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My Debt to SharePoint


Microsoft Corporate Vice President Jeff Teper announced last week that SharePoint is now reaching 200 million cloud users worldwide. This is an impressive milestone by any standard, even the high adoption normal for Microsoft.  This announcement made me realize that I owe a professional debt to SharePoint.  Back in 1999, my company InfoStrat was one of the first Microsoft Gold Partners to embrace SharePoint development when the product was code-named "Tahoe." 

Along with two of my InfoStrat colleagues, I wrote a book on SharePoint and related Microsoft server products called Building Portals, Intranets, and Corporate Web Sites Using Microsoft Servers - a title only a search engine would love.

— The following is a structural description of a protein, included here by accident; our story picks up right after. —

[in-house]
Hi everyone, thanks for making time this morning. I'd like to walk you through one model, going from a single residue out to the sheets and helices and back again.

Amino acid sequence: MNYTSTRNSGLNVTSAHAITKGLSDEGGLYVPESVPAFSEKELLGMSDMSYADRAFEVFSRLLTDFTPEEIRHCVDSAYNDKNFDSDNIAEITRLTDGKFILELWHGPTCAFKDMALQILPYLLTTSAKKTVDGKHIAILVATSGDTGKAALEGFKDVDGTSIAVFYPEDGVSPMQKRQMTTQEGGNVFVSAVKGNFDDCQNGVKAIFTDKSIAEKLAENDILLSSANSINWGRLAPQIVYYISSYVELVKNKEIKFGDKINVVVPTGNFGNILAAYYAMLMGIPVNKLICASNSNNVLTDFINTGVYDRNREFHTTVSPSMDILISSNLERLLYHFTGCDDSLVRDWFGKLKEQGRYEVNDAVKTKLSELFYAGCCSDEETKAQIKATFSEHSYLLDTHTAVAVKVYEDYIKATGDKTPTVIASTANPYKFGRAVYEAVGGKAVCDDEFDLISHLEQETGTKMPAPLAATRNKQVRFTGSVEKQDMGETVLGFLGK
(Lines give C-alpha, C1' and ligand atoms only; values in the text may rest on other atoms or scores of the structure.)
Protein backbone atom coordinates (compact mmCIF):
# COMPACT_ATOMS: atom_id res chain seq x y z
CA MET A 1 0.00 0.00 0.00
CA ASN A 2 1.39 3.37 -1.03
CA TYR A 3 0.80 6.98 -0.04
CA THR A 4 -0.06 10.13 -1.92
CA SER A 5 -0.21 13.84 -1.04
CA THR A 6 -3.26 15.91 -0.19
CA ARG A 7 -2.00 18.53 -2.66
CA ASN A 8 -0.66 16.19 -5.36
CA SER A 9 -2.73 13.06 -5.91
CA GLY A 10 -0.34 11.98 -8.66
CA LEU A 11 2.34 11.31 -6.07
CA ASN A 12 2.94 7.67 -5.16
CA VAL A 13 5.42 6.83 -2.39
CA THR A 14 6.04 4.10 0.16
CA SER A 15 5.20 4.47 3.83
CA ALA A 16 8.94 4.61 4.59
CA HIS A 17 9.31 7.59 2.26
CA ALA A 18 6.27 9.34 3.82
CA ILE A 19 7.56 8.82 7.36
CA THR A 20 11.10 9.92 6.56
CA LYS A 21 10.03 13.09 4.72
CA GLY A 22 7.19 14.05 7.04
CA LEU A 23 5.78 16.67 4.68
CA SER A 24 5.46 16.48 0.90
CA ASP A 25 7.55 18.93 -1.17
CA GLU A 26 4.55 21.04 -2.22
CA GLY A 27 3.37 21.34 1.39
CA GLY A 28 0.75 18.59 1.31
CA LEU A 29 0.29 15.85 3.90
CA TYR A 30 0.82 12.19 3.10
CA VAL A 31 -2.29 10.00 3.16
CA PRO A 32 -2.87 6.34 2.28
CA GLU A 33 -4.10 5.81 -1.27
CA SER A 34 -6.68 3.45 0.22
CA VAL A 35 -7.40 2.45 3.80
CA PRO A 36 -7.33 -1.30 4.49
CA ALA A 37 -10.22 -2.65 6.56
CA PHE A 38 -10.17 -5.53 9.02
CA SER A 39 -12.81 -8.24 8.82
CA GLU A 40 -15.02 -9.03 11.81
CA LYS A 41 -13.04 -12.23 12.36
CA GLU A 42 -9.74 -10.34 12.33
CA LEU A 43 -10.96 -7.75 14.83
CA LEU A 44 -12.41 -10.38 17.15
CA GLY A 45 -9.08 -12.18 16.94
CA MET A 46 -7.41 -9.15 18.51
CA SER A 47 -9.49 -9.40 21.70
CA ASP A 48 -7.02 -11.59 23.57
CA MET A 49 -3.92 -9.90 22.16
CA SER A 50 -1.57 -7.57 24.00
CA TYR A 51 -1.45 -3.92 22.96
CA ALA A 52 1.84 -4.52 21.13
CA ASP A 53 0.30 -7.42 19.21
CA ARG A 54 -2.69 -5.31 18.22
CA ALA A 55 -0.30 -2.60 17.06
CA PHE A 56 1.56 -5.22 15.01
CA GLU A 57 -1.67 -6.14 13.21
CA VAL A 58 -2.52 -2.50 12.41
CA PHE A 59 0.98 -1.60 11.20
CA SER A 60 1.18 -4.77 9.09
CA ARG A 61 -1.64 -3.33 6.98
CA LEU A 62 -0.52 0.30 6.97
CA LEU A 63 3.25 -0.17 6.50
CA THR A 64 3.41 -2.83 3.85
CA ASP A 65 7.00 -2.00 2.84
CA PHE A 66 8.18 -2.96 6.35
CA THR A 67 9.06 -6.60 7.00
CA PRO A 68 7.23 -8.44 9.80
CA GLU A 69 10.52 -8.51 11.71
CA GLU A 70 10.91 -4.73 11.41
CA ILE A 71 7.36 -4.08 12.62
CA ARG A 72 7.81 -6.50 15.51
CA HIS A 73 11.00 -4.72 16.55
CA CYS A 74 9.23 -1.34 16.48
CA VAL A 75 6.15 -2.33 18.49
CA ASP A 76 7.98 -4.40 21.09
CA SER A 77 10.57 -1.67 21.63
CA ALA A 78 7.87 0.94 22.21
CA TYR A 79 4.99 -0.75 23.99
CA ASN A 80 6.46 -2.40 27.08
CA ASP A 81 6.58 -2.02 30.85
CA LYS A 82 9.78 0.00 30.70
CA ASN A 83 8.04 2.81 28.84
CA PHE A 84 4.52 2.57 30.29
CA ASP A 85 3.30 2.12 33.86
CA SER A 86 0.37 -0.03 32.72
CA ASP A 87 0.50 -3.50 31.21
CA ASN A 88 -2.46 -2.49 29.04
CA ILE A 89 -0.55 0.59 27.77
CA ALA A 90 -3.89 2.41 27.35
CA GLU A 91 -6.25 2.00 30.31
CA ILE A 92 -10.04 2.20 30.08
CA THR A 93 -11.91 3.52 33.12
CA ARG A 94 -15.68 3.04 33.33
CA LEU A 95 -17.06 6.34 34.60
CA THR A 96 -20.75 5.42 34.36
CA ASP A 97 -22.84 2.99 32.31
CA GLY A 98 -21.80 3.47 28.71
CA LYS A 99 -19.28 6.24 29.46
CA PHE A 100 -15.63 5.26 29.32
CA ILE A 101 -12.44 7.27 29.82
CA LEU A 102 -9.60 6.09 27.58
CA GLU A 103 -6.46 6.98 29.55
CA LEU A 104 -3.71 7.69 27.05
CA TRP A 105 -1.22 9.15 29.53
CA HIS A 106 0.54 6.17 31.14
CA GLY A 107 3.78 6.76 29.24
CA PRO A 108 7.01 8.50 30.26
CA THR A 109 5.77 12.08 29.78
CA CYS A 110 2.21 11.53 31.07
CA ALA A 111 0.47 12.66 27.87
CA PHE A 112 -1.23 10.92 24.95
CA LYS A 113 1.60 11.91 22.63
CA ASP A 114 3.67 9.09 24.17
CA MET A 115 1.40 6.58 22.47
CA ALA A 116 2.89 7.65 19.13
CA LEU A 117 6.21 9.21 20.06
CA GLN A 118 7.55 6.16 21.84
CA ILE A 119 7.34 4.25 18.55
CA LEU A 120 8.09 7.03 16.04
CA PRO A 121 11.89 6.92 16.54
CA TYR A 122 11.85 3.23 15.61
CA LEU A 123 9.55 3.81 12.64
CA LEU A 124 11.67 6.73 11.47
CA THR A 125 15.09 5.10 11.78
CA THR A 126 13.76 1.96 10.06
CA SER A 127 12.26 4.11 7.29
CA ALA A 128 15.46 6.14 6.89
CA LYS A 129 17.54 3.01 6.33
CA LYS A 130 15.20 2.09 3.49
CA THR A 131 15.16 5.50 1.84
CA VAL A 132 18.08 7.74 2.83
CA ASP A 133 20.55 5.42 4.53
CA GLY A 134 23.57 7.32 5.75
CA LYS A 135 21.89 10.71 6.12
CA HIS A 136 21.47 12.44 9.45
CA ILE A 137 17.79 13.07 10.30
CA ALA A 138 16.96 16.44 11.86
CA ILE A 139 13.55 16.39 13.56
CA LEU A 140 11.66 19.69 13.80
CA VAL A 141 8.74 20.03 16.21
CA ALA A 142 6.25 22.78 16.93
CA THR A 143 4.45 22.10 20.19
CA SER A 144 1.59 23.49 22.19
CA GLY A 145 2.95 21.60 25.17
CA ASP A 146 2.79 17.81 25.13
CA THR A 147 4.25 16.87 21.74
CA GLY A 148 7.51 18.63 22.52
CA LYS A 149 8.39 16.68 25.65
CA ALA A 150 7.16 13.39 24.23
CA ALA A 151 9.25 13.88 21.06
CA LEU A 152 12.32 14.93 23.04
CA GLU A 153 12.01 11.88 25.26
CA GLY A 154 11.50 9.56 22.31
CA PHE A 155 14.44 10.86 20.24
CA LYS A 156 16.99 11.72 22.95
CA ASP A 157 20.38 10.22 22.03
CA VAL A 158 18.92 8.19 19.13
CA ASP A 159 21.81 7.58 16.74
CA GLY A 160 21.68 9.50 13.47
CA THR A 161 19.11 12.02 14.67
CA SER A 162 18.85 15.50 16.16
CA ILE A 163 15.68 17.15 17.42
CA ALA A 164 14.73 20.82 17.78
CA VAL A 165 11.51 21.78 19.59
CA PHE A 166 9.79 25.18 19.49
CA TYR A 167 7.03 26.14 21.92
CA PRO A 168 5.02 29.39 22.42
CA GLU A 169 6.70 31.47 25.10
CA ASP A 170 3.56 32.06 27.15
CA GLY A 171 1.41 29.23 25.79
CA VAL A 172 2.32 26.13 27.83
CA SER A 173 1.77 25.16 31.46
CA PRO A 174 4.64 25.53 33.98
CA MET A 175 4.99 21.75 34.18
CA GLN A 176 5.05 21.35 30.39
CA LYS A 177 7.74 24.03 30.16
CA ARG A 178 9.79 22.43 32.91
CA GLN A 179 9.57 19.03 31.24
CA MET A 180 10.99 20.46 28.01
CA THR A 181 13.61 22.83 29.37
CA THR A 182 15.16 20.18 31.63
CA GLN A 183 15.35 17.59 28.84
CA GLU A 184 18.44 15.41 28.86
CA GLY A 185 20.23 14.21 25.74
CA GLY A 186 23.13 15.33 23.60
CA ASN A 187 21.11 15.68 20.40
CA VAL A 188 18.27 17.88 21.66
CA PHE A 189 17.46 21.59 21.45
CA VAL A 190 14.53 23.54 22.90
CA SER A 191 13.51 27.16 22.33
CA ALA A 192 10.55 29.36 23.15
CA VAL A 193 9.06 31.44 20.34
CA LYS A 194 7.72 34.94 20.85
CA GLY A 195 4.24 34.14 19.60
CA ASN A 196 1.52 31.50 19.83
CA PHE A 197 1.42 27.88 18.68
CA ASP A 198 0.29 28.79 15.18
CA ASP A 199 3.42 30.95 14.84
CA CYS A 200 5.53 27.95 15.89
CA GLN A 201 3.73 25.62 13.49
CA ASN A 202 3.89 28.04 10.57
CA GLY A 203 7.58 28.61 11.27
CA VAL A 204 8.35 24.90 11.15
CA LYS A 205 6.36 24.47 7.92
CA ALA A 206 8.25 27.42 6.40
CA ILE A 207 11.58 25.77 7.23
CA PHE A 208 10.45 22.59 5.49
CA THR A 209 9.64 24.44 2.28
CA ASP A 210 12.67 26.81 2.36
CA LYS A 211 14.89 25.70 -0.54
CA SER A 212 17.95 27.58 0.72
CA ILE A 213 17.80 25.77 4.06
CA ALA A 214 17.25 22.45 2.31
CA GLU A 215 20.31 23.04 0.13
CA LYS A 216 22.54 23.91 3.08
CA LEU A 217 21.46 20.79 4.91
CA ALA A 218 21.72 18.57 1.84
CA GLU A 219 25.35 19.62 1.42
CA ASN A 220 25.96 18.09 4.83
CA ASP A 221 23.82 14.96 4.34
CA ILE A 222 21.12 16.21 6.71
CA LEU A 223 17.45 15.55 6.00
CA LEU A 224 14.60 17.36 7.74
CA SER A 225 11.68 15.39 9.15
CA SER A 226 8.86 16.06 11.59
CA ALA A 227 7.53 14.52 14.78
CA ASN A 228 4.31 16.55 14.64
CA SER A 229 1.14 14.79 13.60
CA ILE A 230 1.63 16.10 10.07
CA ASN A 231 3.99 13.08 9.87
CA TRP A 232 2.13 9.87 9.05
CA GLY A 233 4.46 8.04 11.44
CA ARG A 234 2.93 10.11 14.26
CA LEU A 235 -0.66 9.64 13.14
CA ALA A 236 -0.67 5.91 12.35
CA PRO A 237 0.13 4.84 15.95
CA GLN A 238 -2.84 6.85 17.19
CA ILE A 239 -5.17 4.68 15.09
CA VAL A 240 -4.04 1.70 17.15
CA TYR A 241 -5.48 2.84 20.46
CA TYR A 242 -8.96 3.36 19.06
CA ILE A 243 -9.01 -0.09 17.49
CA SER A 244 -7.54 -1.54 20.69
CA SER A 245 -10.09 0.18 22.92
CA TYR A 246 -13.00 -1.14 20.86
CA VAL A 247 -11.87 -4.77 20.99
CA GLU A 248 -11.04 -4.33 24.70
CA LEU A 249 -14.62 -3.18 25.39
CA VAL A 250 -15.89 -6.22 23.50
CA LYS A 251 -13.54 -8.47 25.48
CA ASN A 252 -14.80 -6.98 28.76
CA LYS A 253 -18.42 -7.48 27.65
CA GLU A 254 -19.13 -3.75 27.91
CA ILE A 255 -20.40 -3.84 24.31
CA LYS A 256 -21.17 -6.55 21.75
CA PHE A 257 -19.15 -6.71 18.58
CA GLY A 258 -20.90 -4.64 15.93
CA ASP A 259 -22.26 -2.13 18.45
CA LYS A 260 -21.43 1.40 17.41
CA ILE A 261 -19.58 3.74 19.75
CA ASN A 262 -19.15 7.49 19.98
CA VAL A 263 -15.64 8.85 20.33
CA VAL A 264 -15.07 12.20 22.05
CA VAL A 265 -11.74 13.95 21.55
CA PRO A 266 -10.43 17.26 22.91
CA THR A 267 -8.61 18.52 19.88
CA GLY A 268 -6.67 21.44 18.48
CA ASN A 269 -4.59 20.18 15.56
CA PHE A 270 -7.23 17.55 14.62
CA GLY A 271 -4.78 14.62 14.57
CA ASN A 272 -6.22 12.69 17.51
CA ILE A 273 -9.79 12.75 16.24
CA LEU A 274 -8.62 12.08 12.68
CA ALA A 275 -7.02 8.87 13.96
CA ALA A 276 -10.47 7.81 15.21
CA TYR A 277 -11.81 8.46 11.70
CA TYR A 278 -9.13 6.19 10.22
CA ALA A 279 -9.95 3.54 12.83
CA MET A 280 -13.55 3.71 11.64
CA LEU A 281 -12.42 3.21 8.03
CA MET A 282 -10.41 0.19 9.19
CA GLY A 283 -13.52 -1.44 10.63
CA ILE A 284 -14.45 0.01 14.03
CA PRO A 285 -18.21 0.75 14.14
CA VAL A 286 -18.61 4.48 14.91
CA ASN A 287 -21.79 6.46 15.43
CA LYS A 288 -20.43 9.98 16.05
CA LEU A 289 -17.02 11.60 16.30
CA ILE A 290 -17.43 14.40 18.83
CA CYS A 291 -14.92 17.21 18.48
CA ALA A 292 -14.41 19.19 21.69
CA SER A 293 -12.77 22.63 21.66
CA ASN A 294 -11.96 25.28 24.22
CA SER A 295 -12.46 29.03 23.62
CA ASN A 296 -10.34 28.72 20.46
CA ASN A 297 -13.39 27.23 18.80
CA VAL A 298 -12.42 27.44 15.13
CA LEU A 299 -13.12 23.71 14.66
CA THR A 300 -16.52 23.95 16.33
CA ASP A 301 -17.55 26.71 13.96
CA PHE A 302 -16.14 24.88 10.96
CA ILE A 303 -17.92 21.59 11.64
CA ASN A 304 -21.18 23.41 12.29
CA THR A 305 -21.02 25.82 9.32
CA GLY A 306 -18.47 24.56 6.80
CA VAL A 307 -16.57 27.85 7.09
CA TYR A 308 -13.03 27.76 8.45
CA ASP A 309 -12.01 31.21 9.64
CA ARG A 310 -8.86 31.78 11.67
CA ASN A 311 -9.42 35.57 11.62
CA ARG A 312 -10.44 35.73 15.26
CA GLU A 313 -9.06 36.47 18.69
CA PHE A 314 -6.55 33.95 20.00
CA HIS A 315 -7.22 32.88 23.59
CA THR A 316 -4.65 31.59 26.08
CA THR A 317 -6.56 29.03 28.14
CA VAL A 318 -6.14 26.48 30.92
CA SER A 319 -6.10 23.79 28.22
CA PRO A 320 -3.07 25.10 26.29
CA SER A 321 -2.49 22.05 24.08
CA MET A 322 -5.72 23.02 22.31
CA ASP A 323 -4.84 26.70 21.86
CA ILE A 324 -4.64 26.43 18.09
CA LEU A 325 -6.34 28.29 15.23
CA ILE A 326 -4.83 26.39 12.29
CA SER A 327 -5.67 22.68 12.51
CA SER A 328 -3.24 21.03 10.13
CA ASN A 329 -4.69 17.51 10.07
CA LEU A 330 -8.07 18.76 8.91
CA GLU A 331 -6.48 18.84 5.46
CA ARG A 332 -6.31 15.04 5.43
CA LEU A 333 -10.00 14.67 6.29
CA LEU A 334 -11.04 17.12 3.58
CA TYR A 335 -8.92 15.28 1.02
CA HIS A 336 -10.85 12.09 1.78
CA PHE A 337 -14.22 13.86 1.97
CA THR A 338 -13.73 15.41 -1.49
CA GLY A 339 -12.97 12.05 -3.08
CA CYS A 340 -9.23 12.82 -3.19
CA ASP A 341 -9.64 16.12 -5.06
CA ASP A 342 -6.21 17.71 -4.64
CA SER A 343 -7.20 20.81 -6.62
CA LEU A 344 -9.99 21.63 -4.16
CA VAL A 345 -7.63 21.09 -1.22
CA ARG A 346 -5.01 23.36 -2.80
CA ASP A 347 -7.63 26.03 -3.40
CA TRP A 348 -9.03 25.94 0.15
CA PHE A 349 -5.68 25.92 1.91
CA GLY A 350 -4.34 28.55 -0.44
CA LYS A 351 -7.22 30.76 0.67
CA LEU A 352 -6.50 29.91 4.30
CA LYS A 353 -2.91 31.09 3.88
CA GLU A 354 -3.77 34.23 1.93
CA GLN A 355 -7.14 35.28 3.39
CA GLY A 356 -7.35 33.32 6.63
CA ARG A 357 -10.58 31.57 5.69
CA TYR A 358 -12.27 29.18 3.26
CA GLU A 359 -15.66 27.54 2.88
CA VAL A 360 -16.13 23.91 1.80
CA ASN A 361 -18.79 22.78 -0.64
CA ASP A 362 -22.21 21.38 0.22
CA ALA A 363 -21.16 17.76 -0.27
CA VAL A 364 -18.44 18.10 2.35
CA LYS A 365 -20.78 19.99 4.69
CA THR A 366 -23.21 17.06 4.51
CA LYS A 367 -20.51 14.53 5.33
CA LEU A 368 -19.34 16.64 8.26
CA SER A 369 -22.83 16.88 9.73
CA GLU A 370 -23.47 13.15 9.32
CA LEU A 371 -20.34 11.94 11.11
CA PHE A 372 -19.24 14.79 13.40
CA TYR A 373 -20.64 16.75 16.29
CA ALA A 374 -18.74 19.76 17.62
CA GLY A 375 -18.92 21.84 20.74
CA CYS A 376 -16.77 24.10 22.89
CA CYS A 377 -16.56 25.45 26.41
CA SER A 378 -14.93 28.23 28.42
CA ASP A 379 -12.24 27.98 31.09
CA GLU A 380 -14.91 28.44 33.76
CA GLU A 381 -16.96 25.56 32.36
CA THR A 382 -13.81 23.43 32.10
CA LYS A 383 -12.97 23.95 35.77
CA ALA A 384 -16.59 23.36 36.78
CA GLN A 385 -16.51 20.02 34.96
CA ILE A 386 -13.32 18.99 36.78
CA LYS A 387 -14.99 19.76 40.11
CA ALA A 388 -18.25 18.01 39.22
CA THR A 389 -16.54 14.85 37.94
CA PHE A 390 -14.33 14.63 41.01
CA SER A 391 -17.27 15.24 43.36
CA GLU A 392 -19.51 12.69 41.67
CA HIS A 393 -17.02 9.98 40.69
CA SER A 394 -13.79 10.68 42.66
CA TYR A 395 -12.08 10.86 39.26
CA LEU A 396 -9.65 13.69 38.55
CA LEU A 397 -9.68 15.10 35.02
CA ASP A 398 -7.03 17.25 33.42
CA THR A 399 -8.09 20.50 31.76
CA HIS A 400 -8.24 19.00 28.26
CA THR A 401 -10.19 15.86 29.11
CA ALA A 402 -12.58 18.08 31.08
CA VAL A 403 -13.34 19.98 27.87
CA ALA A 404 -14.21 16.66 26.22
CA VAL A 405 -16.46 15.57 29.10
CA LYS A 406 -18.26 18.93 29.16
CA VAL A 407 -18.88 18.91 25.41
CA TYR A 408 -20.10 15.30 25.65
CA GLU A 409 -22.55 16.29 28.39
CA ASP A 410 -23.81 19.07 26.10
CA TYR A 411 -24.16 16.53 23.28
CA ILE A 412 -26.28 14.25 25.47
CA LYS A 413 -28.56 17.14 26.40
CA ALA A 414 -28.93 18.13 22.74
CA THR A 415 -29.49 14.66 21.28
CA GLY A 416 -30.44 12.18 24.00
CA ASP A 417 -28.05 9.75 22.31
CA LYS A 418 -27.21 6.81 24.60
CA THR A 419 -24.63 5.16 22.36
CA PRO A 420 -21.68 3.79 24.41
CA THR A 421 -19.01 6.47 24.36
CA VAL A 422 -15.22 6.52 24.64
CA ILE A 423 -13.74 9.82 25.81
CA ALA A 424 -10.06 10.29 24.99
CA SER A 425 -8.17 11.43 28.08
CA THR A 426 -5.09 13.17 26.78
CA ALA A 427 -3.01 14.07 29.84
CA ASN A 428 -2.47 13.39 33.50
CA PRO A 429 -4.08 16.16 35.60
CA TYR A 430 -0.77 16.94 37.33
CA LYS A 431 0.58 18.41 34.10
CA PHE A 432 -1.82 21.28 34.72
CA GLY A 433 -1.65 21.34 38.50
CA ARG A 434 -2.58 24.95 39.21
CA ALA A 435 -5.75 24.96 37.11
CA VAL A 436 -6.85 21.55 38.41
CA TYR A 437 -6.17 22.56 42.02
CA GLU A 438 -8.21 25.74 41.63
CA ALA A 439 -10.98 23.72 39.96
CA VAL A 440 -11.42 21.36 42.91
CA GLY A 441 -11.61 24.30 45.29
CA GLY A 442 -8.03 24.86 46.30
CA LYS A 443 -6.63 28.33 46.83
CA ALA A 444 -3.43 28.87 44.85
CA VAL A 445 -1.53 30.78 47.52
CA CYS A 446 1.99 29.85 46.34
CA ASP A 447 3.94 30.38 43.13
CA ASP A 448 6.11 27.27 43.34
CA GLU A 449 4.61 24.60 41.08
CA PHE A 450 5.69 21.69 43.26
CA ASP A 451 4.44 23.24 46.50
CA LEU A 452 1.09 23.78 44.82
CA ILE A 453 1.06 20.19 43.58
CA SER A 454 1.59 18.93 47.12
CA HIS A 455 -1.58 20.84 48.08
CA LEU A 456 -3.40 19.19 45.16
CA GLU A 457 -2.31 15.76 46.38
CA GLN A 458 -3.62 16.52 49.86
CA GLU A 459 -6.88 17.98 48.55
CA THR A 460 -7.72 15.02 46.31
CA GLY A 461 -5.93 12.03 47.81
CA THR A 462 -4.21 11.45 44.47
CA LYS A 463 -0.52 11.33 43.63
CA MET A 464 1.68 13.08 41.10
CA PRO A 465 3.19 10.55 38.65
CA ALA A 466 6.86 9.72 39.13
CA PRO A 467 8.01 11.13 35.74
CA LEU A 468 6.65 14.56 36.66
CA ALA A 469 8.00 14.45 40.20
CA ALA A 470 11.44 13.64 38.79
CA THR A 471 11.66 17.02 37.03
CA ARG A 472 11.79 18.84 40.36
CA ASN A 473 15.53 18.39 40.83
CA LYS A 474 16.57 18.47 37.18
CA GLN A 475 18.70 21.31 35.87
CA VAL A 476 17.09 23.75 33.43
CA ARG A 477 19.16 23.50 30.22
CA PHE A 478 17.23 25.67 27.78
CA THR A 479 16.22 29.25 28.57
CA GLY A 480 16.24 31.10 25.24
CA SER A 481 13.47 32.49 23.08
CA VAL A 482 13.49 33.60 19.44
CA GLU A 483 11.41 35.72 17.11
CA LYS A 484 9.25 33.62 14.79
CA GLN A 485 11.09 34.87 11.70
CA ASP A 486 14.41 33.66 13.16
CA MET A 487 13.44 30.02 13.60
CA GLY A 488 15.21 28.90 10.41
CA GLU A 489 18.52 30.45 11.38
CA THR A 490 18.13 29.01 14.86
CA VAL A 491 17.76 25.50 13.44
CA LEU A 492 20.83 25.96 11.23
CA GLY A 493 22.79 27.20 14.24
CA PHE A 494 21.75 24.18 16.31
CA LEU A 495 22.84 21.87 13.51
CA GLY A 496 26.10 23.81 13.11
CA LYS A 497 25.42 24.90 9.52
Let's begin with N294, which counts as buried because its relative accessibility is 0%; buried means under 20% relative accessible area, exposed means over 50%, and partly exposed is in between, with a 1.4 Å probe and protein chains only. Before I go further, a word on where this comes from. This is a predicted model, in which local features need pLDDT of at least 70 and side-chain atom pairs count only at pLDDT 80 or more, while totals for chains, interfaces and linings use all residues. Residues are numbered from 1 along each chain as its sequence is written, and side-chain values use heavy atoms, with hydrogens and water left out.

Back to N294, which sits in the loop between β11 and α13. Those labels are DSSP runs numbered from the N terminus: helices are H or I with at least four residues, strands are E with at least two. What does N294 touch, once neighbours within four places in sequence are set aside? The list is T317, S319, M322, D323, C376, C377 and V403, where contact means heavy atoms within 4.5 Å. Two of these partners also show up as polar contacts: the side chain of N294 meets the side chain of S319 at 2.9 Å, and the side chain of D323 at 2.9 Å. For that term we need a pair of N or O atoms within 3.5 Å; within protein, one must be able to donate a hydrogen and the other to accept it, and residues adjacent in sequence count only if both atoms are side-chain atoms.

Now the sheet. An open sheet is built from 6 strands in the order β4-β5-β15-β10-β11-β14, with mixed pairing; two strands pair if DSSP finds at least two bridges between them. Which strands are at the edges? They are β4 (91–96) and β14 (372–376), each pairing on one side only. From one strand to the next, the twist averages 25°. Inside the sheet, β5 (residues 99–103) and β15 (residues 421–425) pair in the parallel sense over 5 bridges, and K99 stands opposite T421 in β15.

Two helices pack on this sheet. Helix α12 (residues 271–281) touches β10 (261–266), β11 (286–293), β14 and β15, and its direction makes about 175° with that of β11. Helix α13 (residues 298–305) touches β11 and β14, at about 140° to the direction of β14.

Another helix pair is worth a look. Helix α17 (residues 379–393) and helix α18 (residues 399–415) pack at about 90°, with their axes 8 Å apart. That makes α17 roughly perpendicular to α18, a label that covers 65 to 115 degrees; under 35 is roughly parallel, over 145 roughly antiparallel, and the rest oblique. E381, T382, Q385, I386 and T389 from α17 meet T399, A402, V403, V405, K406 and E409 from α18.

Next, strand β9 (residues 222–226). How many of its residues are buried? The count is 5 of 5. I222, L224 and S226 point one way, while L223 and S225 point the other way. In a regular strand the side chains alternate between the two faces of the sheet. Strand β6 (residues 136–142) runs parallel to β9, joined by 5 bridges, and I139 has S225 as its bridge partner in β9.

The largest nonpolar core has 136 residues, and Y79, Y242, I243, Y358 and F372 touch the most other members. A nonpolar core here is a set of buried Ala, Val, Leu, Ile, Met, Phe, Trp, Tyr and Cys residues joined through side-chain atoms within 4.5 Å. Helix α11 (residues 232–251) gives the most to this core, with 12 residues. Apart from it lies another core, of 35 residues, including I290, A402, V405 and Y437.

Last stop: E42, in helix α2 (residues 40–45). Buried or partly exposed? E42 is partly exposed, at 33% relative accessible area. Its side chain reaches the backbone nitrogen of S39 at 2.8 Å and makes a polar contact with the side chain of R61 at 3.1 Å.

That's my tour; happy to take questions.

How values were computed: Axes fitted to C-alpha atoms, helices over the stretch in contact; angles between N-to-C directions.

SharePoint was many things rolled into one, from document management to a Lotus Notes groupware competitor to a platform for departmental apps (although the term "app" had not been coined).  We helped companies and government agencies roll out SharePoint, and built SharePoint tools and utilities, including one for Microsoft itself. 

Even after all these years, and some of its features migrating to other products, customers are finding value in SharePoint, and it remains one of the pillars of Office 365. SharePoint integration provides document management capabilities to related products such as Dynamics 365. 

I am grateful to Microsoft for creating SharePoint and giving me the opportunity to use it to solve business problems for customers. 


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